The Biggest Stock Fraud in the District Attorney's Memory1
Very soon after Tom Hofstetter became national insurance sales manager, he learned why Bill Fleming was extra anxious to get Walston & Co., Inc. into the insurance business. Walston & Co. needed capital, and Bill Fleming hoped that an insurance company profiting from a relationship with Walston would supply it.
The Glass-Steagall Act of 1933 had inspired the founding of Walston & Co. and spurred its early growth by forbidding commercial banks to engage in the brokerage business. Walston & Co.'s founder, Vernon C. Walston, had been the male SECretary to A. P. Giannini, the CEO of the then largest bank in the United States, San Francisco-based Bank of America. Vern Walston had located Walston & Co.'s offices near those of Bank of America throughout Califomia, and the bank had steered customers to Walston & Co.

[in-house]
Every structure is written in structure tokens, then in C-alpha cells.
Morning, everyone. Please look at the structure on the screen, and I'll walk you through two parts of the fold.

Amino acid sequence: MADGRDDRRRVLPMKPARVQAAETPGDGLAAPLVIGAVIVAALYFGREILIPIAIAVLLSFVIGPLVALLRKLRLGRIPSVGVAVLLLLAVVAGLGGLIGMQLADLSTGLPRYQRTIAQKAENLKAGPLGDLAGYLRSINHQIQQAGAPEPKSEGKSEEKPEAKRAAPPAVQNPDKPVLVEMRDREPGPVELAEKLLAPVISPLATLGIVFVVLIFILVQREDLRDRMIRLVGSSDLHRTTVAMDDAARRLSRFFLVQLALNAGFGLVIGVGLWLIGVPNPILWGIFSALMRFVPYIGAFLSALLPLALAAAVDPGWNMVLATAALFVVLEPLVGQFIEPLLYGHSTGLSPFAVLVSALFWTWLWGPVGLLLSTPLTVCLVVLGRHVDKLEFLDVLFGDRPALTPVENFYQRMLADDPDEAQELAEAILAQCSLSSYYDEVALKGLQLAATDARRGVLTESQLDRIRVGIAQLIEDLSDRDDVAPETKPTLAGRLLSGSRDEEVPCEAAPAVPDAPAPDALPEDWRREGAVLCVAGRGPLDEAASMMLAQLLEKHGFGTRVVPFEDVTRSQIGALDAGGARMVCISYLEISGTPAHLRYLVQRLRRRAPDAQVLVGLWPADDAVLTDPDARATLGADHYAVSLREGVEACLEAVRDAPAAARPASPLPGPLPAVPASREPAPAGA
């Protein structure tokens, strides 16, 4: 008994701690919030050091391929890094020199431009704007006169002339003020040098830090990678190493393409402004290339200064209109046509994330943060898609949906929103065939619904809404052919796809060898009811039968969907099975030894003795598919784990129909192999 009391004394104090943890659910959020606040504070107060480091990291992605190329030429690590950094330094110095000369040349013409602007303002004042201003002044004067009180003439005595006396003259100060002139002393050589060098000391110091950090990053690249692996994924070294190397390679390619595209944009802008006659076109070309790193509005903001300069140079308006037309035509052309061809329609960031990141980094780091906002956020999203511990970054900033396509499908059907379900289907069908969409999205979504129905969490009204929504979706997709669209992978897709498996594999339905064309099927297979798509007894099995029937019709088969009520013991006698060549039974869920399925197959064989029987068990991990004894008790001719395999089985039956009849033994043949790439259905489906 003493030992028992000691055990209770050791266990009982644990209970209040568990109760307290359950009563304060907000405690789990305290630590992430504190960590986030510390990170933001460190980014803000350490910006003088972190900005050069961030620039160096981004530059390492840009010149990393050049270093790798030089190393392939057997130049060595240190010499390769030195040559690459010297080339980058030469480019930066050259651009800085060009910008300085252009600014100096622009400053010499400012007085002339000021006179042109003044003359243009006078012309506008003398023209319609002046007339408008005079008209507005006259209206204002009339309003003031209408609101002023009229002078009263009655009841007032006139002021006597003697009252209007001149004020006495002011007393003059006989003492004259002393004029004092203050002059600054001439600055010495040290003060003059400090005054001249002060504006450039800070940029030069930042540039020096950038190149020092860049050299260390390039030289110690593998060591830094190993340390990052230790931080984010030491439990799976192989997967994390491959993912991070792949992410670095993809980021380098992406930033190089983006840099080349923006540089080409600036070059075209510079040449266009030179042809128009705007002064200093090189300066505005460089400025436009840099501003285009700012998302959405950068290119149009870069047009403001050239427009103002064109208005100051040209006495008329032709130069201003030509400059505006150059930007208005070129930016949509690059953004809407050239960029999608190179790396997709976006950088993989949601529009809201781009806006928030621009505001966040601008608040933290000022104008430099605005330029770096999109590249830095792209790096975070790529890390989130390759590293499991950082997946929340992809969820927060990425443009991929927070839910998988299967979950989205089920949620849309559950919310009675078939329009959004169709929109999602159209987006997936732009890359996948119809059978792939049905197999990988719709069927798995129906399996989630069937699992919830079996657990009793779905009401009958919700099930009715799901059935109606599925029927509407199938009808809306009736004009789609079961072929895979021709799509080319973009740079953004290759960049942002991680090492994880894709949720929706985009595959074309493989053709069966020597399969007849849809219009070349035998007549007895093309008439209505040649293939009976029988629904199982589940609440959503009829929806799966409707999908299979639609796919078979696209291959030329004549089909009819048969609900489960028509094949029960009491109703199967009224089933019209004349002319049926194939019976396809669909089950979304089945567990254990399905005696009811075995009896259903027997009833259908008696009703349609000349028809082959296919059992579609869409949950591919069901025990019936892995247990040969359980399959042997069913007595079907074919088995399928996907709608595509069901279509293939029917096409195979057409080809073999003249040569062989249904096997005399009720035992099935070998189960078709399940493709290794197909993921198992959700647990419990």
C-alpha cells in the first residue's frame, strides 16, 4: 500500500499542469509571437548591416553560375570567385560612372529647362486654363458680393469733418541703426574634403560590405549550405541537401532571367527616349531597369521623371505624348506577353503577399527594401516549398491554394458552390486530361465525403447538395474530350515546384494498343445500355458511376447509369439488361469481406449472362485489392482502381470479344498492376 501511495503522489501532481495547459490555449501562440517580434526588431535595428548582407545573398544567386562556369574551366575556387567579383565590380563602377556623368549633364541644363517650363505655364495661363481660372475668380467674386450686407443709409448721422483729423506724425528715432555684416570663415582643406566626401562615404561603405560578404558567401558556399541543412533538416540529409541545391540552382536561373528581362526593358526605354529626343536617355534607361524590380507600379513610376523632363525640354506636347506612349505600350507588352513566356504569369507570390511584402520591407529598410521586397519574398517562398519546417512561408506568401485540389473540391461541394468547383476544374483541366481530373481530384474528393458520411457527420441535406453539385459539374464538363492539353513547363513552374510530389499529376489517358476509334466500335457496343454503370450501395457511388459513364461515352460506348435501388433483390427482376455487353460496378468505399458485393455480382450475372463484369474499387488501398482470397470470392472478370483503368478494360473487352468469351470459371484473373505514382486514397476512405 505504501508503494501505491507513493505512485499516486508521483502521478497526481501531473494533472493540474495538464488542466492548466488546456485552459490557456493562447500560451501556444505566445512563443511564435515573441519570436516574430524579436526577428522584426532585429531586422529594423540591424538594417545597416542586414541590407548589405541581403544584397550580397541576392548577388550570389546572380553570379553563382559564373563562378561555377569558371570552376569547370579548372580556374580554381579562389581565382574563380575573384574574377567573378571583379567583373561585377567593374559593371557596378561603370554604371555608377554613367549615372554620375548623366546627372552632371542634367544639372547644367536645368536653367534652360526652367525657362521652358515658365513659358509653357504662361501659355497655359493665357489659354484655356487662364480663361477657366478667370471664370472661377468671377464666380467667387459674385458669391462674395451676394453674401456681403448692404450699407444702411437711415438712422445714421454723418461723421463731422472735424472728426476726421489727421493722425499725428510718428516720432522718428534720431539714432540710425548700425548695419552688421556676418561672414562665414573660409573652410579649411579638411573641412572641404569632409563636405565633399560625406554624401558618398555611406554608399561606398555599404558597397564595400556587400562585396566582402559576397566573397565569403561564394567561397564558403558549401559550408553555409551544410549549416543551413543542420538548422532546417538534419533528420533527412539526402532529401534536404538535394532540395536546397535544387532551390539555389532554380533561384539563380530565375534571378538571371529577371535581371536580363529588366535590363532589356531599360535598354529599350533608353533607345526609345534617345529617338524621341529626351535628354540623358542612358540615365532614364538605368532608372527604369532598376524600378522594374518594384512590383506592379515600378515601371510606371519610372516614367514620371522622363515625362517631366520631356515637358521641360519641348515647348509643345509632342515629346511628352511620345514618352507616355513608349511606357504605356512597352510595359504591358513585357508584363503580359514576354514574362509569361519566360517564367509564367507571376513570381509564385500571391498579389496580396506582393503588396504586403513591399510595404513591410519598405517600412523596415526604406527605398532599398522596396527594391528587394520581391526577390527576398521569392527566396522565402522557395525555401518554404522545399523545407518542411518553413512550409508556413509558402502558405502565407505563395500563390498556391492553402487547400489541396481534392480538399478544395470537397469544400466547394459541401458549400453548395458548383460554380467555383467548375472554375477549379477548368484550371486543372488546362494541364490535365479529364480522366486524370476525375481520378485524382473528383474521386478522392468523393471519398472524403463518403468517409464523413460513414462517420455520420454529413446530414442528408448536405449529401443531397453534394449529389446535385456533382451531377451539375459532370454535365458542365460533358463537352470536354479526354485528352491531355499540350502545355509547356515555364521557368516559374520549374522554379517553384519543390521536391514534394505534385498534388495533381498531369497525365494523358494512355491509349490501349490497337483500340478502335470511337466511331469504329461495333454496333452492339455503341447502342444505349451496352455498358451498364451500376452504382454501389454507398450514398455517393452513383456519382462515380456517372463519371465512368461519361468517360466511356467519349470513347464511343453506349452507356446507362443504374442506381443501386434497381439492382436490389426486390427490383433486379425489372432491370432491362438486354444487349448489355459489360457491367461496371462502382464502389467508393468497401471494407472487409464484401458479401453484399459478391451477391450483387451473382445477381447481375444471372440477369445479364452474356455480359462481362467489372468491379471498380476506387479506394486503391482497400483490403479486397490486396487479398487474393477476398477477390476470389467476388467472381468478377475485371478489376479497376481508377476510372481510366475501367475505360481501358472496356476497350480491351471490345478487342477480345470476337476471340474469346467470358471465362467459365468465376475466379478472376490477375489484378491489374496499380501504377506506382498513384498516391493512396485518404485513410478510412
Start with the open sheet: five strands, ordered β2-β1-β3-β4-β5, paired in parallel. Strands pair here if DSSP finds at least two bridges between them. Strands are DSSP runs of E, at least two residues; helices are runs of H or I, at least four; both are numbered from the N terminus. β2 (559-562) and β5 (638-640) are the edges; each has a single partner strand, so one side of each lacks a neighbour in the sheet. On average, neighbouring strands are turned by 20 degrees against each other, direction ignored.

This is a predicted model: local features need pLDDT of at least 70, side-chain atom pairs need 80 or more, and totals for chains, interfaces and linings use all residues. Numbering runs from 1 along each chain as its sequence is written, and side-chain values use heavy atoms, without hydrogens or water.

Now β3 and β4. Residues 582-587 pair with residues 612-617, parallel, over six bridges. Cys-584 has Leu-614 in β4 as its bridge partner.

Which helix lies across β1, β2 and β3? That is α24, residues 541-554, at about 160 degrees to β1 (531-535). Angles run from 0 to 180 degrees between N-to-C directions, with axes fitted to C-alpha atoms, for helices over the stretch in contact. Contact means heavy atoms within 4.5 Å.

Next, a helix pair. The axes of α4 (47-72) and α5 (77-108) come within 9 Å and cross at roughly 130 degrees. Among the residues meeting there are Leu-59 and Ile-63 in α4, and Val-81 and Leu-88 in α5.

The firm had spread northward and eastward across the country partly through mergers, partly by opening new offices, and had relocated its headquarters from San Francisco to City. By the sixties, Walston had more than a hundred offices from coast to coast, making it one of the largest brokerage firms in the United States.
Walston & Co.'s need for capital in 1971 and 1972 didn't, however, derive from its fast growth. Nor did it need capital because it had too many fails. Its back office operated efficiently.
Walston needed capital partly because its top officers had been overly ambitious but mostly because they made a mistake that no sensible investor would. First the story about the management being overly ambitious:
The most prestiguous firms on Wall Street were -- and continue to be --